Wedding Diary

 Wedding Day

Today is the great day of the wedding of Sakiko (girl) and Hisao (boy).
They choose to celebrate their wedding as a Japanese Shinto wedding ceremony.

In Japan couples are legally married once they have made the change in status on their family registration sheets,
without the need for a ceremony. Most weddings are held either according to Shinto traditions
or as Christian-style chapel weddings.

Wedding guests

Sakiko and Hisao with some of their guests.

Bride Portrait

Portrait of the bride.
Sakiko wears a white hat called wataboshi.

The wataboshi (bridal kimono hood) is derived from the "katsuki",
a hood worn outdoors by married  women in samurai families from the Muromachi to Momoyama periods.
From the Edo period, this custom was taken up by  younger women.
Originally worn outdoors to keep away dust and prevent from the cold,
the wataboshi now is worn as the  equivalent of the bridal veil in Western tradition.
Wearing the wataboshi hides the bride's face from all others except for the groom
until the end of the wedding ceremony.
The white wataboshi is worn only outside with the shiromuku,
not with colored wedding kimono or during indoor receptions.

                                                                The Bride

Sakiko in her wedding kimono also called Shiromuku.

Shinto brides and grooms typically wear a kimono. The bride wears a traditional kimono,
oftentimes combined with a wig and a hat which is called wataboshi.
Typical colors for this kimono include red and white, colors of Shinto purity.

Brides at the wedding in shrines always wear white clothes. Everything including inner wears is pure white.
Not only their clothes, but also their accessories such as hats, shoes and pouches are all white.
Why Japanese brides have such custom to be covered with only white things on a day of wedding ceremony?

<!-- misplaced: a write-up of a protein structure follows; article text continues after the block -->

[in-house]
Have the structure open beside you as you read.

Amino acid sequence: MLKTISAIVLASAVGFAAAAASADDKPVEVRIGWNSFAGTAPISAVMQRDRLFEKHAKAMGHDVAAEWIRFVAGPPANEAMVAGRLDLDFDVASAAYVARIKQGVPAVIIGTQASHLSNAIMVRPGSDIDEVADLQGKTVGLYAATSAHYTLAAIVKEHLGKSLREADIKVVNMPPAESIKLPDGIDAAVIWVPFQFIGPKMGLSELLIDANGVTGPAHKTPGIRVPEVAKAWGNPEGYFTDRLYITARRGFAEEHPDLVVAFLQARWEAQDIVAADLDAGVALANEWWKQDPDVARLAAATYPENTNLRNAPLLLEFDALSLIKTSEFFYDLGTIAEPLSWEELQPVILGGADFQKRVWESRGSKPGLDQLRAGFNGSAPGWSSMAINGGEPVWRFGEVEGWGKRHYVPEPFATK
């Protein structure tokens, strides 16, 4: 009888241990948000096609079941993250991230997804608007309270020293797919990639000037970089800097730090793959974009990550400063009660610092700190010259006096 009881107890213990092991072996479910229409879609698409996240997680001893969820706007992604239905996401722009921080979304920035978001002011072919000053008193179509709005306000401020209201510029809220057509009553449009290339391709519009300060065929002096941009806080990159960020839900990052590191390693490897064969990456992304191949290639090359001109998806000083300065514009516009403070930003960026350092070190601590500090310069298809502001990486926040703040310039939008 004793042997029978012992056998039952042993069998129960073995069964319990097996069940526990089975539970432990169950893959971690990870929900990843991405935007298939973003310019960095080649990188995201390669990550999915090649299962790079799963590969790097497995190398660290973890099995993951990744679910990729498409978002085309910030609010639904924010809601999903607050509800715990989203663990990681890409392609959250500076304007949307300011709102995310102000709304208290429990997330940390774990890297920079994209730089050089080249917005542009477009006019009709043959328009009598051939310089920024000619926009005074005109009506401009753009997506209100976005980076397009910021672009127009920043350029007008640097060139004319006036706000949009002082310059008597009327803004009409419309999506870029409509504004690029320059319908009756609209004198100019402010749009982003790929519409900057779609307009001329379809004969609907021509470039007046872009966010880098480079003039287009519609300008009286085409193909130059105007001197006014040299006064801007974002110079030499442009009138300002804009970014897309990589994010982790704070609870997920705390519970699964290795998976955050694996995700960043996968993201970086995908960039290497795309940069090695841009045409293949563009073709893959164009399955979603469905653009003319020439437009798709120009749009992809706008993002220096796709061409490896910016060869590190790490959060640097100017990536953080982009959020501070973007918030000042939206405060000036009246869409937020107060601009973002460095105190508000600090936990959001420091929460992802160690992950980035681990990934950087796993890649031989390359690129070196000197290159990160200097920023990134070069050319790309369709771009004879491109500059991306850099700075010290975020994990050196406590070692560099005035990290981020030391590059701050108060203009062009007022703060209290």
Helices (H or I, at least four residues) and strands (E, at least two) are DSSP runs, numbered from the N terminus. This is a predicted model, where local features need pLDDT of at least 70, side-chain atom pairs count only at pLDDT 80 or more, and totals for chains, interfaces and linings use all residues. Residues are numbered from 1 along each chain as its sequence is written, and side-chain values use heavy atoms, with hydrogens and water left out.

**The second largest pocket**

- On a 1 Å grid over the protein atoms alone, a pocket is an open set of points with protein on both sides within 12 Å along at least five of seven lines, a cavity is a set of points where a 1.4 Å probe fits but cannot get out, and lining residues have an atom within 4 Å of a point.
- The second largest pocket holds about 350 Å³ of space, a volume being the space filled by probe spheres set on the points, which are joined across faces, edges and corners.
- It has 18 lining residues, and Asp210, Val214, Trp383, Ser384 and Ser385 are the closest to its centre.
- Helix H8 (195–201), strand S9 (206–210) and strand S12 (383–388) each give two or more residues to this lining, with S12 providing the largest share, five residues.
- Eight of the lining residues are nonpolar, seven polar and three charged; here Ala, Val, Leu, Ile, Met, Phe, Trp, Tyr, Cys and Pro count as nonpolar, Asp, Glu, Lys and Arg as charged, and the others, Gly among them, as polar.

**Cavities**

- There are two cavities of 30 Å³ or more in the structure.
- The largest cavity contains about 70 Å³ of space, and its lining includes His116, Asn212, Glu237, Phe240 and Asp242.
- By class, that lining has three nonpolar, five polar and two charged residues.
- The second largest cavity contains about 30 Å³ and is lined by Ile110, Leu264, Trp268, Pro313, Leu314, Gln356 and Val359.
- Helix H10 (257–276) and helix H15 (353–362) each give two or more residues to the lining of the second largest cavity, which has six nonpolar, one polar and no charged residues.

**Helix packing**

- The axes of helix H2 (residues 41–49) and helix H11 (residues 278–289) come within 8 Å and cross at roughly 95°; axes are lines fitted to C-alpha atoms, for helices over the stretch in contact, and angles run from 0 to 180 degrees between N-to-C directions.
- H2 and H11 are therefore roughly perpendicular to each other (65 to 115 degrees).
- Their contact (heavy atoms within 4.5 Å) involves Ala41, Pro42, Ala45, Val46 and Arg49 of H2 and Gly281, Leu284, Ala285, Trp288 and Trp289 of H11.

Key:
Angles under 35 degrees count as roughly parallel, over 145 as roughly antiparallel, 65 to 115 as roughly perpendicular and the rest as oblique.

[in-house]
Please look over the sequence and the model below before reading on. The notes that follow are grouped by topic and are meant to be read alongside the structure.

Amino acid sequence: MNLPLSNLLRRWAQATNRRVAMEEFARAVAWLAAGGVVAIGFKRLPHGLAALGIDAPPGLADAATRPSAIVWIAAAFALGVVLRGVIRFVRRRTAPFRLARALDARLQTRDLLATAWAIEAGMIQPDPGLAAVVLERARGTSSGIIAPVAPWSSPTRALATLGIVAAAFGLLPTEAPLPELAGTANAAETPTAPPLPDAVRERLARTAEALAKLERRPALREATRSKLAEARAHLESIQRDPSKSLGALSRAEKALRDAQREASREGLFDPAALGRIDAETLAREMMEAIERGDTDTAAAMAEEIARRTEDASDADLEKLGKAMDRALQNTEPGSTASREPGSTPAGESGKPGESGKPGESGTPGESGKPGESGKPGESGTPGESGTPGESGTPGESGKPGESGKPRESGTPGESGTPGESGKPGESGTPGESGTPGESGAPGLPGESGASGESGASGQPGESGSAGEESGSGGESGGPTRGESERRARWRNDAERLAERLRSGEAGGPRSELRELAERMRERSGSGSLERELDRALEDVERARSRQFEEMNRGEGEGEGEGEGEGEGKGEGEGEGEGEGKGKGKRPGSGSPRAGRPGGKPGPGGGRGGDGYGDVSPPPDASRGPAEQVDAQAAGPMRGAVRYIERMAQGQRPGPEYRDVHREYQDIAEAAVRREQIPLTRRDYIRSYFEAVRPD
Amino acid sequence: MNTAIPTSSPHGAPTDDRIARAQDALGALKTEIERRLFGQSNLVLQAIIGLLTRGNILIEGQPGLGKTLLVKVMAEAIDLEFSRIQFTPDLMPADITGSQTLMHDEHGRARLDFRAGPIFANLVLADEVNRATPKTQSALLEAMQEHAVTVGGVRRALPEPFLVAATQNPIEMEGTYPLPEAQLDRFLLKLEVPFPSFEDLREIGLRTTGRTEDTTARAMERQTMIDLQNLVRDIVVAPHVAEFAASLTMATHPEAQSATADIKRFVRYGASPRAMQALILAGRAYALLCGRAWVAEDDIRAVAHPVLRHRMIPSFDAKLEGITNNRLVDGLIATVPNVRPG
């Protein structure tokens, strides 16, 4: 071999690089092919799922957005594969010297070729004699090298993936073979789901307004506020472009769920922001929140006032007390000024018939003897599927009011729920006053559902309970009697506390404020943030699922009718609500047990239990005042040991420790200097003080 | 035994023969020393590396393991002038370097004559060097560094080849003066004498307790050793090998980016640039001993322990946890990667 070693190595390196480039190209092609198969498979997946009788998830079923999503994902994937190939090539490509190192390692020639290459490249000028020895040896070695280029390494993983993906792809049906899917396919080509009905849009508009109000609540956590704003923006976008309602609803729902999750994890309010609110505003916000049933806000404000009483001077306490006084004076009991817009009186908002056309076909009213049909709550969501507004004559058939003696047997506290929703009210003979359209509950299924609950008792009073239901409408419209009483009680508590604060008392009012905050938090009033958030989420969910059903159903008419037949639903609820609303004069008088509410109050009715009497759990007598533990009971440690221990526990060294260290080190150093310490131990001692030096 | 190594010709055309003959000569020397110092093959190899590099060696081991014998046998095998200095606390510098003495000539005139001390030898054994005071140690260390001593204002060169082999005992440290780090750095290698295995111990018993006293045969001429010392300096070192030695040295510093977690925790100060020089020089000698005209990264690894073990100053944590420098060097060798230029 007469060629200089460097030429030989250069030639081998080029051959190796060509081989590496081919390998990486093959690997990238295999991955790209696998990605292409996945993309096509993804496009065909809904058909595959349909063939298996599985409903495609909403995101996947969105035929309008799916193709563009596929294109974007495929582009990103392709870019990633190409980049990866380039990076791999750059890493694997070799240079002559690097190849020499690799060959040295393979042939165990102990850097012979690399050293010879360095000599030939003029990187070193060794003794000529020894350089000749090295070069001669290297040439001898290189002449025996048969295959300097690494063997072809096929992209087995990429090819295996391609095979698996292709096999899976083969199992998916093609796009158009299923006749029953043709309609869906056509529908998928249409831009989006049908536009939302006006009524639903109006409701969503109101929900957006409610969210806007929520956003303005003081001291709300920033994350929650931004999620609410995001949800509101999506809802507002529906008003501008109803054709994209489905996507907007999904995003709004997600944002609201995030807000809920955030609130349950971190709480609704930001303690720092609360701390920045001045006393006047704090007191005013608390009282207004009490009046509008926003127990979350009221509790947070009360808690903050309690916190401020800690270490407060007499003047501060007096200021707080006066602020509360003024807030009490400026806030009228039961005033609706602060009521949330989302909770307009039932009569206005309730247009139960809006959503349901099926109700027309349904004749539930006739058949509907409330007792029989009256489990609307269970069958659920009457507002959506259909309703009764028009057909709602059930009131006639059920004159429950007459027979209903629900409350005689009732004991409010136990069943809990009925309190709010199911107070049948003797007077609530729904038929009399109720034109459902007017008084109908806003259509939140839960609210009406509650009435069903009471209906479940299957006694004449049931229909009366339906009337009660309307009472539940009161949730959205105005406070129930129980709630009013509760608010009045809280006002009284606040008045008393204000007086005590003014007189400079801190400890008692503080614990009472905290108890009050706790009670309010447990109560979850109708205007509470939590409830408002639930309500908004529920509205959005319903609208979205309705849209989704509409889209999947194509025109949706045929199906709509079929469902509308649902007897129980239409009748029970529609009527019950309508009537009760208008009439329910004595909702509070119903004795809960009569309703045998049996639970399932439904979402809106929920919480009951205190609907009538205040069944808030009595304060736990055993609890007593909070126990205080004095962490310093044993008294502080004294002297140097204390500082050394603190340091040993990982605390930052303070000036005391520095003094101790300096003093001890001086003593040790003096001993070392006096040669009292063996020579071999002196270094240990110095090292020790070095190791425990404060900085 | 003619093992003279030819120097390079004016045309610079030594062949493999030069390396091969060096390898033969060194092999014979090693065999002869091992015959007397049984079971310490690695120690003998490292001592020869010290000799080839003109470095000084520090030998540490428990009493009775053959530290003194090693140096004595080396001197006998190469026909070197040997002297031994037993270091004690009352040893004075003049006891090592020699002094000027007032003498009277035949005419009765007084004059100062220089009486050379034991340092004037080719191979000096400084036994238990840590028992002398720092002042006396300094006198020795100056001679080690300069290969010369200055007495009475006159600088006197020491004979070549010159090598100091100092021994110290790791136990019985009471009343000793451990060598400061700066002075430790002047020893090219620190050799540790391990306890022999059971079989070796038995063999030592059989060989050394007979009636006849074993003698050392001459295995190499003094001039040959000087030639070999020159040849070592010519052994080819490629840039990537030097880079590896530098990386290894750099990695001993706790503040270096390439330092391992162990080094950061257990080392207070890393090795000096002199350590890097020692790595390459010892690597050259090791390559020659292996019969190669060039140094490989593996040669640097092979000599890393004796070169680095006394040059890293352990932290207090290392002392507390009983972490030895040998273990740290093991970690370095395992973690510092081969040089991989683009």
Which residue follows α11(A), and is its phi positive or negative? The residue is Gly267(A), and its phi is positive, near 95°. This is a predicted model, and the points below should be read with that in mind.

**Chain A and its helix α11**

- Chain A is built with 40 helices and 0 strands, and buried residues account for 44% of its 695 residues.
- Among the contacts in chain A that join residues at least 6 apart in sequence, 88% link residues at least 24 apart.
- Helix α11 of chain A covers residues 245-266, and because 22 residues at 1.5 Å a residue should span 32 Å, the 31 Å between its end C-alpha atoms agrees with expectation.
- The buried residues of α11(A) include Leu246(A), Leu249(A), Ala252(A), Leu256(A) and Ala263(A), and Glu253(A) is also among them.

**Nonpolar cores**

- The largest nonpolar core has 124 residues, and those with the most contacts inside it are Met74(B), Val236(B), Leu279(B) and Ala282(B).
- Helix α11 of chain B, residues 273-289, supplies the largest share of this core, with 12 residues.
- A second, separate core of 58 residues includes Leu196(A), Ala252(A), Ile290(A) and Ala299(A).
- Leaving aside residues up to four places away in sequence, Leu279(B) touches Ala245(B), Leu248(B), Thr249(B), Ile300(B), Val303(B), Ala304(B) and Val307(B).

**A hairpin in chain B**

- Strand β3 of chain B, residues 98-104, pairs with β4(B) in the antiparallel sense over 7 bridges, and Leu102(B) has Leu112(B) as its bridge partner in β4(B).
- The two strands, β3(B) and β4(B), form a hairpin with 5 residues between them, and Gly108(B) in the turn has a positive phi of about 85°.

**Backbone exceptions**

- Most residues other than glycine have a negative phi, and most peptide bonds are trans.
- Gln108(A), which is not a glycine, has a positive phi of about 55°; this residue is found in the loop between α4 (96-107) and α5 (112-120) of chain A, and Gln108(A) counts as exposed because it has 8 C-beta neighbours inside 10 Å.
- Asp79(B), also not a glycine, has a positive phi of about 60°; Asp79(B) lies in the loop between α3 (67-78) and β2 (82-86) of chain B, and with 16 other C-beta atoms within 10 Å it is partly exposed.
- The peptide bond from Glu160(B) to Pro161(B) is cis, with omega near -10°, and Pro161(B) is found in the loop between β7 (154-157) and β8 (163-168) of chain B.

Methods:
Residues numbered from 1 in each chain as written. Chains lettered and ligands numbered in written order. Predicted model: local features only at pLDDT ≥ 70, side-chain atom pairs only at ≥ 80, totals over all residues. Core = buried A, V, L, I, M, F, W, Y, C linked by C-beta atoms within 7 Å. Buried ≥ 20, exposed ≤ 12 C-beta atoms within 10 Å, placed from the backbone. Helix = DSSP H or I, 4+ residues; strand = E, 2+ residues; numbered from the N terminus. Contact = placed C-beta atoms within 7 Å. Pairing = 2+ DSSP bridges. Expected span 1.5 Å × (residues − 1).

It’s because “white” has been regarded by Japanese people as a symbol of pureness, cleanness or virginity.
“White” can be dyed with any color, so Shiromuku means that brides are ready to be dyed with color of groom.
“White” has also been regarded as a sacred color for many years,
so Japanese people have believed Shiromuku to be suitable for the wedding ceremony held at sacred and religous places.


The Groom

Hisao in his wedding kimono also called Hakama.

In a Japanese-styled wedding, the groom wears a Montsukihakama,
but usually referred to as just hakama (hakama generally refers to men’s kimono,
but when spoken in the context of weddings,
it is usually understood that it is referred to as the groom’s outfit).

The hakama started out as semiformal attire for samurai families in the Edo period.
During mid-Edo period, it became the most formal attire for male commoners
 and eventually in the Meiji era the hakama came to be recognized as the most formal attire for men of all statuses.

Wedding Cake

Sakiko and Hisao with their white festive wedding cake.

Wedding Cake Deco

The wedding cake is decorated with a cute a Monchhichi couple.


Sakiko and Hisao are best friends forever.

More about Sakiko and Hisao
can be seen at their Honeymoon Diary:

Sources for the Wedding explanation:
Wikipedia - Shinto Wedding

Kyoto Weddings

Japanese Traditional Wedding Style

Overseas Wedding





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